We can answer that.
First, keep in mind what prompted the story I quoted (from 1977, which does seem quite late in the whole NSNSNS saga). The New Mexico Restaurant Association had started supplying such signs. I suspect some reporter saw the story about the signs, and then asked around Albuquerque. But the attitude (and other signs, probably even hand-written ones) had been there for a long time.
Here is a story (it appears to be a local column) from October 1, 1968 about those damn, dirty hippies.
Hippies Hurt Trade
Law Lacking To Make Cafe Visitors Clean
By Bob Brown
There simply isn’t any law against entering a restaurant barefooted. And, while waitresses and fry cooks must be neat and clean, the same isn’t true of customers.
That was the conclusion a city health official was forced to give a cafe owner in the university area recently.
Peter Griego, assistant health department director, said he received an appeal for help from a businessman who was being invaded by hippies. The man described his new customers as being barefooted, dirty and malodorous.
And to make matters worse they ordered only one drink and then helped themselves to several straws so each could have a sip.
Good paying customers were taking a look inside and then moved on. The restaurant man said he couldn’t just tell the hippies they were unwanted because one of them was a Negro and he feared the consequences should this individual claim discrimination.
“I had to tell the owner that while we could require waitresses and other employes be clean and neat we simply had no control over customers, ” said Griego. “I even pointed out that we are now requiring male employees with long hair to either wear a hair net, get a hair cut or find a job outside the food service field.”
Perhaps installing showers — as at swimming pool doors — is one solution. But this would surely discourage regular customers.
There must be a better way.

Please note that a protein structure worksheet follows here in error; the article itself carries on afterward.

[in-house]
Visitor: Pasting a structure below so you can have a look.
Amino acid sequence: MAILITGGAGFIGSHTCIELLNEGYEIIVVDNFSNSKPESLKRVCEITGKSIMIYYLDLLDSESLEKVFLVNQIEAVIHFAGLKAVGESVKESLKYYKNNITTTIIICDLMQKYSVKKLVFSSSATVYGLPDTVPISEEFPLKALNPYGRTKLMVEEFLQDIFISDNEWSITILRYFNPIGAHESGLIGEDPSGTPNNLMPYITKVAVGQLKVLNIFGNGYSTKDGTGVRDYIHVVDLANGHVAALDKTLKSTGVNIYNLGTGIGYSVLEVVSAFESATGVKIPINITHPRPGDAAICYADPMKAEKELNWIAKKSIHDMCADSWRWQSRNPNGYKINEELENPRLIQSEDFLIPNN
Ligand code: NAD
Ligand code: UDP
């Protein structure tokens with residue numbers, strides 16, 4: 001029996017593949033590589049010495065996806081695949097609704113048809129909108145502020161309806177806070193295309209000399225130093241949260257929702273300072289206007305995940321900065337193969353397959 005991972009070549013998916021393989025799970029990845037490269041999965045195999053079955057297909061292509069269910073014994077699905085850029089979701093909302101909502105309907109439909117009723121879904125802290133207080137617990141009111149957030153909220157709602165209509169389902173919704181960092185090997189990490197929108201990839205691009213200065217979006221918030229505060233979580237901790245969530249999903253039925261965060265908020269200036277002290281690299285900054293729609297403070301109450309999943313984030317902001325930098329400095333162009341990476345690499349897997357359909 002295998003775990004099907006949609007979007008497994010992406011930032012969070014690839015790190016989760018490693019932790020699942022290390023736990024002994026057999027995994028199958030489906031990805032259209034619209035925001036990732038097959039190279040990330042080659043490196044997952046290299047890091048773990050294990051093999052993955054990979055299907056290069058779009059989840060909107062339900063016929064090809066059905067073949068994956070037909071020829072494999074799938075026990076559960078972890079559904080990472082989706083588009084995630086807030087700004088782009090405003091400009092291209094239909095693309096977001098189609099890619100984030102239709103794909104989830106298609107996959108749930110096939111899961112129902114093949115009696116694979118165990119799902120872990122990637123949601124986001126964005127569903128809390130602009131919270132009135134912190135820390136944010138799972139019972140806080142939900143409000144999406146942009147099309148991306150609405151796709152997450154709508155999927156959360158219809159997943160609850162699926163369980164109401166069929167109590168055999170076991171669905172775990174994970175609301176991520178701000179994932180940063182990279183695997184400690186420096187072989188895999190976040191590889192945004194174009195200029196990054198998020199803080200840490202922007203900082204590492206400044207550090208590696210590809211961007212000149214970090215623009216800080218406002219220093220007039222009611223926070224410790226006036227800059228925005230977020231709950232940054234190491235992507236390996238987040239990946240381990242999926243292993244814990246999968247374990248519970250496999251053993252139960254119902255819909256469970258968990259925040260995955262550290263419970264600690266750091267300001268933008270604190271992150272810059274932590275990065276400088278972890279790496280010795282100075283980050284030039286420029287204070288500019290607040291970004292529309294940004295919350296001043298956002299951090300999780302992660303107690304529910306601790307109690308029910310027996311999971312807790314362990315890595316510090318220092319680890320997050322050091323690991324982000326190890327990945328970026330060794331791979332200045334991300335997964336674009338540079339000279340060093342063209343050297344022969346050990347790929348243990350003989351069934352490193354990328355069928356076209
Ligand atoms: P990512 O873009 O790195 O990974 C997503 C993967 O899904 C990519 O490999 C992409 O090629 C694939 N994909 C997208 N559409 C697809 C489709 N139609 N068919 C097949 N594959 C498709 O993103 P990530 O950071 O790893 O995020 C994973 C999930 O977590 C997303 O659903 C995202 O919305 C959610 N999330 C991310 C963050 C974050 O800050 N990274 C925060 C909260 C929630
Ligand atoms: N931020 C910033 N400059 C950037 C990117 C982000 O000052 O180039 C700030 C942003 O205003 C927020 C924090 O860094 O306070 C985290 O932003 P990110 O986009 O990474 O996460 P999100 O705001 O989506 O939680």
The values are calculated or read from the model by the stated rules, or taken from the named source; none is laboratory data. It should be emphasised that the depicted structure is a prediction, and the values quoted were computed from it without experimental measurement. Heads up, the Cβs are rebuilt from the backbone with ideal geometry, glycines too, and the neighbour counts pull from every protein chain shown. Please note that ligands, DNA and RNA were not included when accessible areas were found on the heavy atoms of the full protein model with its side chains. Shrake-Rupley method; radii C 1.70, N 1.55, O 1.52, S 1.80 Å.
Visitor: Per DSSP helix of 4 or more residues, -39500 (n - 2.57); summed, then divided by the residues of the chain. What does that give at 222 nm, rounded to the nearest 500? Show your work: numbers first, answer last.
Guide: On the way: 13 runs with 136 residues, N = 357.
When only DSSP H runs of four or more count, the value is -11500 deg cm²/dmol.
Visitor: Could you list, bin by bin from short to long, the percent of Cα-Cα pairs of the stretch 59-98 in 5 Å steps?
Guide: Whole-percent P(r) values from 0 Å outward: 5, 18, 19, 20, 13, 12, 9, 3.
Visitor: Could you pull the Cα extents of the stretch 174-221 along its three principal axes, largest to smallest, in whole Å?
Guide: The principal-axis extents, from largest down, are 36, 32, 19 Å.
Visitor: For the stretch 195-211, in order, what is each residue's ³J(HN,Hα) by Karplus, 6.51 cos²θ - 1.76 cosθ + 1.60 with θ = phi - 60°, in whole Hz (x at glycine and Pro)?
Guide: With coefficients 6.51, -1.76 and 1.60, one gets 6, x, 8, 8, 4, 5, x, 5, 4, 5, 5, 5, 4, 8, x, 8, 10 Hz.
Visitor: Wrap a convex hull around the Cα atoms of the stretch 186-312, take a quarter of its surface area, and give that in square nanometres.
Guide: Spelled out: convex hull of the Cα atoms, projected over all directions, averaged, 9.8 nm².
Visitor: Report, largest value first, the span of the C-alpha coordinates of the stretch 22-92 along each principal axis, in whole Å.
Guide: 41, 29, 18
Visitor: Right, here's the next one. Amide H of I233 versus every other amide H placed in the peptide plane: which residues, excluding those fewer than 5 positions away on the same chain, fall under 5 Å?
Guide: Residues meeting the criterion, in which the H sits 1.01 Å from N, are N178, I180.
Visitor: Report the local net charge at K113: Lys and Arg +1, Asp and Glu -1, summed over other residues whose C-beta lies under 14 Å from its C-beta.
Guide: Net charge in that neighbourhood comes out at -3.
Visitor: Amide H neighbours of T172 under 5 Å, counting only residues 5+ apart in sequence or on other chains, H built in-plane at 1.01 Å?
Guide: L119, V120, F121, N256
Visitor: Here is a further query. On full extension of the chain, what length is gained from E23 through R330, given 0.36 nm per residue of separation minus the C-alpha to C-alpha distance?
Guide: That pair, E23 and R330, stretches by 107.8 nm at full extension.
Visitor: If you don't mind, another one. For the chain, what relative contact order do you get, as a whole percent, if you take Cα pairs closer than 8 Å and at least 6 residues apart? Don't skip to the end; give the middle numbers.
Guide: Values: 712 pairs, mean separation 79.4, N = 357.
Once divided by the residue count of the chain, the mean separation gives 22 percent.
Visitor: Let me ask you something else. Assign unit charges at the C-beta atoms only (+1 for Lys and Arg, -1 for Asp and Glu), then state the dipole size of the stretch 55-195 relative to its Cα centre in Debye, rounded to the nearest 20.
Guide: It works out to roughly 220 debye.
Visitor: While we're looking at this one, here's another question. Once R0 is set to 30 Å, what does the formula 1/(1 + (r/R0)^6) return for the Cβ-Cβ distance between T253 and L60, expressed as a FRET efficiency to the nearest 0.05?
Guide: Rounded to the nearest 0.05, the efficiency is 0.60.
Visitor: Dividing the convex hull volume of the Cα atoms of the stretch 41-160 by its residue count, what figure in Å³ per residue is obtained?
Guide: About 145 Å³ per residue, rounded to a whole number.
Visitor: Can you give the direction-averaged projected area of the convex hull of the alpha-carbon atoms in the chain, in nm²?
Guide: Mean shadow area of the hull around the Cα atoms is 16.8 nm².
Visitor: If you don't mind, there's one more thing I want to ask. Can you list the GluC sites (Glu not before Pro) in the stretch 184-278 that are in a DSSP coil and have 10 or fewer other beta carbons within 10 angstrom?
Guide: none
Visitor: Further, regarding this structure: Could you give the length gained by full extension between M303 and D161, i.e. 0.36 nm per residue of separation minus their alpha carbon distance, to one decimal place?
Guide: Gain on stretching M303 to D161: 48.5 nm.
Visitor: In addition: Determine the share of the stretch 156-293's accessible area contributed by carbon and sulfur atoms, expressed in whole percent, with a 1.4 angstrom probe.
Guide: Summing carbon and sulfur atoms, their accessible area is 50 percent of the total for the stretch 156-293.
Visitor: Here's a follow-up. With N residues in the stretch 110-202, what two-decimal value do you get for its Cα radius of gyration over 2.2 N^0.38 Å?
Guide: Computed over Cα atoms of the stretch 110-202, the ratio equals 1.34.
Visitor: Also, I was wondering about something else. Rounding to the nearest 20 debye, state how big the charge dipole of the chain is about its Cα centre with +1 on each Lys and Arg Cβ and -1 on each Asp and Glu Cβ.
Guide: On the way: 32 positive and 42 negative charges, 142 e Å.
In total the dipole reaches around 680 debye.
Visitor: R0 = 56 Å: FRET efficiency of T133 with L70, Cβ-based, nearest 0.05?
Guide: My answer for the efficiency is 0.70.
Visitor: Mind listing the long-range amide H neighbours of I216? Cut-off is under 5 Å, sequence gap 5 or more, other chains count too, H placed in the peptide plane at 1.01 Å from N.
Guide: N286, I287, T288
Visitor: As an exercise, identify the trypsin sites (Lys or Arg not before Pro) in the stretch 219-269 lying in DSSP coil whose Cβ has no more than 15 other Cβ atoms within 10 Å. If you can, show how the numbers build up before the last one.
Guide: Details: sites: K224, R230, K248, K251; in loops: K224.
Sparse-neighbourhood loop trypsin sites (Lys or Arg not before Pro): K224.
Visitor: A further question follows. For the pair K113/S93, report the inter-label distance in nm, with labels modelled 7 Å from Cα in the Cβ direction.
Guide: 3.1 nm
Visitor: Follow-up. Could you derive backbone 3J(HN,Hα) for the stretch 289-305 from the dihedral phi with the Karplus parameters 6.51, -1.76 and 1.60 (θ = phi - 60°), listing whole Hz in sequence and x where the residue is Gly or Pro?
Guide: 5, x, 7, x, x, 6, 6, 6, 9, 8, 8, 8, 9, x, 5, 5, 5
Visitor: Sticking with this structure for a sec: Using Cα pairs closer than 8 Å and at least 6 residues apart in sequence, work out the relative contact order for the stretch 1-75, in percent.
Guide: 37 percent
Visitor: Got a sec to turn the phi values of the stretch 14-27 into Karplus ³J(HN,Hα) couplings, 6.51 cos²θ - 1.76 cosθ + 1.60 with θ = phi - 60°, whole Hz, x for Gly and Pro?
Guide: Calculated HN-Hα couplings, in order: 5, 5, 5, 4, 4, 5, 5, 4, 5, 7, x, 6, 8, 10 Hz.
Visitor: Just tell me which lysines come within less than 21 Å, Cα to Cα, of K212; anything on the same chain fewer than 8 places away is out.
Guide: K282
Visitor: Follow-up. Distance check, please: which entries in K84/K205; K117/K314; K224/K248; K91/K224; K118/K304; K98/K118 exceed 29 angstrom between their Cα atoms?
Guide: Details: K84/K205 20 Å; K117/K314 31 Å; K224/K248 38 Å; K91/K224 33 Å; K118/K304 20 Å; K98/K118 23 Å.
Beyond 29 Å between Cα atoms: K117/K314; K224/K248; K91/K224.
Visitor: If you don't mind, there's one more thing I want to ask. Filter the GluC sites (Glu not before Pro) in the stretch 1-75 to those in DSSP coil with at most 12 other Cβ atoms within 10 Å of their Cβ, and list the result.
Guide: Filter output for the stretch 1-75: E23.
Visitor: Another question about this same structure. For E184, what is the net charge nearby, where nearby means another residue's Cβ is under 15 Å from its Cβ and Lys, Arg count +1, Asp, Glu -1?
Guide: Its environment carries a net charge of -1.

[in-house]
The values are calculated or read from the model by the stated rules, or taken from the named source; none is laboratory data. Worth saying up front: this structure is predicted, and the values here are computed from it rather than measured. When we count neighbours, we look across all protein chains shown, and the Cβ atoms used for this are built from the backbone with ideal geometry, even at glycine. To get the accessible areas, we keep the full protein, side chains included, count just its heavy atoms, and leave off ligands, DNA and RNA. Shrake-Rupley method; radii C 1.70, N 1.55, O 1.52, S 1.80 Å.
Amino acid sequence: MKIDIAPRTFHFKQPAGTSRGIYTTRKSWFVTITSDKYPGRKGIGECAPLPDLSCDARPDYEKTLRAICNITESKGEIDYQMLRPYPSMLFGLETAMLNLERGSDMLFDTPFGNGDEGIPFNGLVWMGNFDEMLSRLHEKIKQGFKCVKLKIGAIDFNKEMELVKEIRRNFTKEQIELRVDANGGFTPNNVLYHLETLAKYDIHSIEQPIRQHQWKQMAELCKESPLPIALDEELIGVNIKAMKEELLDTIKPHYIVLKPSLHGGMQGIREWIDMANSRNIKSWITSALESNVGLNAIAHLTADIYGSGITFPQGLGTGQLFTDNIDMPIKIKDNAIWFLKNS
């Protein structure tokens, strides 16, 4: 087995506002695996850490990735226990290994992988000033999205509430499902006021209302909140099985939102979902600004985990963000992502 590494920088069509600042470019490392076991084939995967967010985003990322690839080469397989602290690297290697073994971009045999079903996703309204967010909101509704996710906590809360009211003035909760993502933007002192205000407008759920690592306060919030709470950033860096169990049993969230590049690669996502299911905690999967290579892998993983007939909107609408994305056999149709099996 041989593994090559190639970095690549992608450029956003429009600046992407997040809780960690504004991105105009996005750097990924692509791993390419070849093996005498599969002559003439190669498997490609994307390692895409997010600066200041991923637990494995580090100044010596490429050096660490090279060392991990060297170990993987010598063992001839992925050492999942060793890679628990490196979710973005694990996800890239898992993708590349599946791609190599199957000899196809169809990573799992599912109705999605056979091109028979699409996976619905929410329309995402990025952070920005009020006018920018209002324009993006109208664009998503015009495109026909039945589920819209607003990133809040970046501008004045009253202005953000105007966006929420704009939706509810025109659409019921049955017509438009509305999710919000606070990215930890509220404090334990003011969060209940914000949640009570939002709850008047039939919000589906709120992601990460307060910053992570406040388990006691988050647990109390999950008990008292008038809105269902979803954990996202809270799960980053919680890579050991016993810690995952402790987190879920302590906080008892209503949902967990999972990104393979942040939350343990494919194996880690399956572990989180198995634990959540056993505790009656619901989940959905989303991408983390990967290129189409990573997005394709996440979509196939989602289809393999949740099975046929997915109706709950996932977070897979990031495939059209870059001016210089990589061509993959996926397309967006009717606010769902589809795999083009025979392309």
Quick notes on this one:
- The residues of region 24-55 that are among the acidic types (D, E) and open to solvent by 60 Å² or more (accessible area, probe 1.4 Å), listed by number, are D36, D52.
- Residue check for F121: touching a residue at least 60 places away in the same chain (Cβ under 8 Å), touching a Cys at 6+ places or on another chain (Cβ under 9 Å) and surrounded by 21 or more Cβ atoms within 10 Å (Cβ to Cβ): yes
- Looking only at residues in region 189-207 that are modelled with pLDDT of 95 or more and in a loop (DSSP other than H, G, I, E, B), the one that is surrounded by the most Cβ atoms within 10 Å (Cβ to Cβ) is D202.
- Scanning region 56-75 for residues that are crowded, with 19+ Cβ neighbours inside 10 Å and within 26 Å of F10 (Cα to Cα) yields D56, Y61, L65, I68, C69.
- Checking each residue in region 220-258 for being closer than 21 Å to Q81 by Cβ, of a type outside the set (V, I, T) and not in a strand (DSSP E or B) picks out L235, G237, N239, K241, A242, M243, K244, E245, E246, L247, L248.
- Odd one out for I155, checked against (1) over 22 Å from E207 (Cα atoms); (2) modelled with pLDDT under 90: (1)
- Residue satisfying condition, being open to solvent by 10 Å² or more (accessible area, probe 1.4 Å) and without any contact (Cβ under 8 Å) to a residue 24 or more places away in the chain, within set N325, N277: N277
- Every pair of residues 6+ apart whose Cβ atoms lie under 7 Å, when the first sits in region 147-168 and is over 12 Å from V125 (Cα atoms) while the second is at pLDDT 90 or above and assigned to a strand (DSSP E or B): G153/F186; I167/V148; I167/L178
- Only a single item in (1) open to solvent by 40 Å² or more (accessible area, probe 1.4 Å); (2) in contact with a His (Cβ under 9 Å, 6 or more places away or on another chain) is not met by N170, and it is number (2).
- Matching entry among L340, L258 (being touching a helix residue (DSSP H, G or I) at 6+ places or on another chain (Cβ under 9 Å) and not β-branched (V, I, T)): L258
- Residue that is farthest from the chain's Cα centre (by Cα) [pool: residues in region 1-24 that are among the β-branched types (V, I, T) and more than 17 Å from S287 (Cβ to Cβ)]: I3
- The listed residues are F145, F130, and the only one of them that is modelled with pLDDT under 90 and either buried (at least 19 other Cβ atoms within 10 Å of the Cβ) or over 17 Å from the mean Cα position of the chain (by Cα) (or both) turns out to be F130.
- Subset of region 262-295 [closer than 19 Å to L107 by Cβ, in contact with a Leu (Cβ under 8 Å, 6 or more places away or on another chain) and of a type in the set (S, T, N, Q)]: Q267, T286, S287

I think what we see here is not that bare feet, in and of themselves, were what were considered the problem. The problem was the hippies being dirty, and in particular, horrible-smelling. If it were just bare feet, I doubt we’d be in the situation we are in today.
But bare feet became a proxy for keeping out hippies and it has stuck.
Interestingly, two weeks after the above, another barefooted item appeared in the same newspaper’s “Joint Action Line”, a local question-answering and problem-solving column.
Here it is:
No Law Requires Cafe Waitresses To Wear Shoes
Q. I read in Action Line where a health official would be around to check on an Albuquerque waitress who was wearing her hair loose in a restaurant. Do health inspectors ever come around Reserve, N.M.? There the restaurant waitresses go barefooted. —R.N.M.
A. Yes, there are sanitarians who check on food service in public restaurants in all state counties. But, whether the restaurant is in Bernalillo or Catron (or any other county), there is no ordinance on bare-footed waitresses. On hair, yes, but not a bare foot. Pete Griego, of the Health Department here, says he can now enforce the ordinance which requires either sex to wear a net if he or she has long, loose hair.
We do see that people were concerned that it was a health code violation. But we also see that there was no such thing. That’s good to know.
This story even had a bit of a nice rejoinder. A week after that, we heard from the waitress herself (who sounded like she could easily have been any of us).
Barefooted Girl Thanks Column For Publicity
Q. I am the barefooted waitress R.N.M. was asking about in the Journal Action Line (Oct. 13). Since this appeared, several customers have asked my shoe size in case I am forced by the Health Dept. to wear shoes. I handle no food nor dishes with my feet and friends keep me supplied with soap. My wages and tips aren’t the greatest but since your comment, my tips have increased greatly. May I thank Action Line? —J.A.T., The barefooted waitress from Reserve.
A. Sure, and if we get down Reserve way, we’ll drop by for a cup of coffee.
First, note that the column did not get all indignant about her waitressing barefoot. “We’ll drop by for a cup of coffee”.
And this story didn’t seem to generate any additional outrage that I could find. It was just accepted, and okay.
That’s the way we all want it.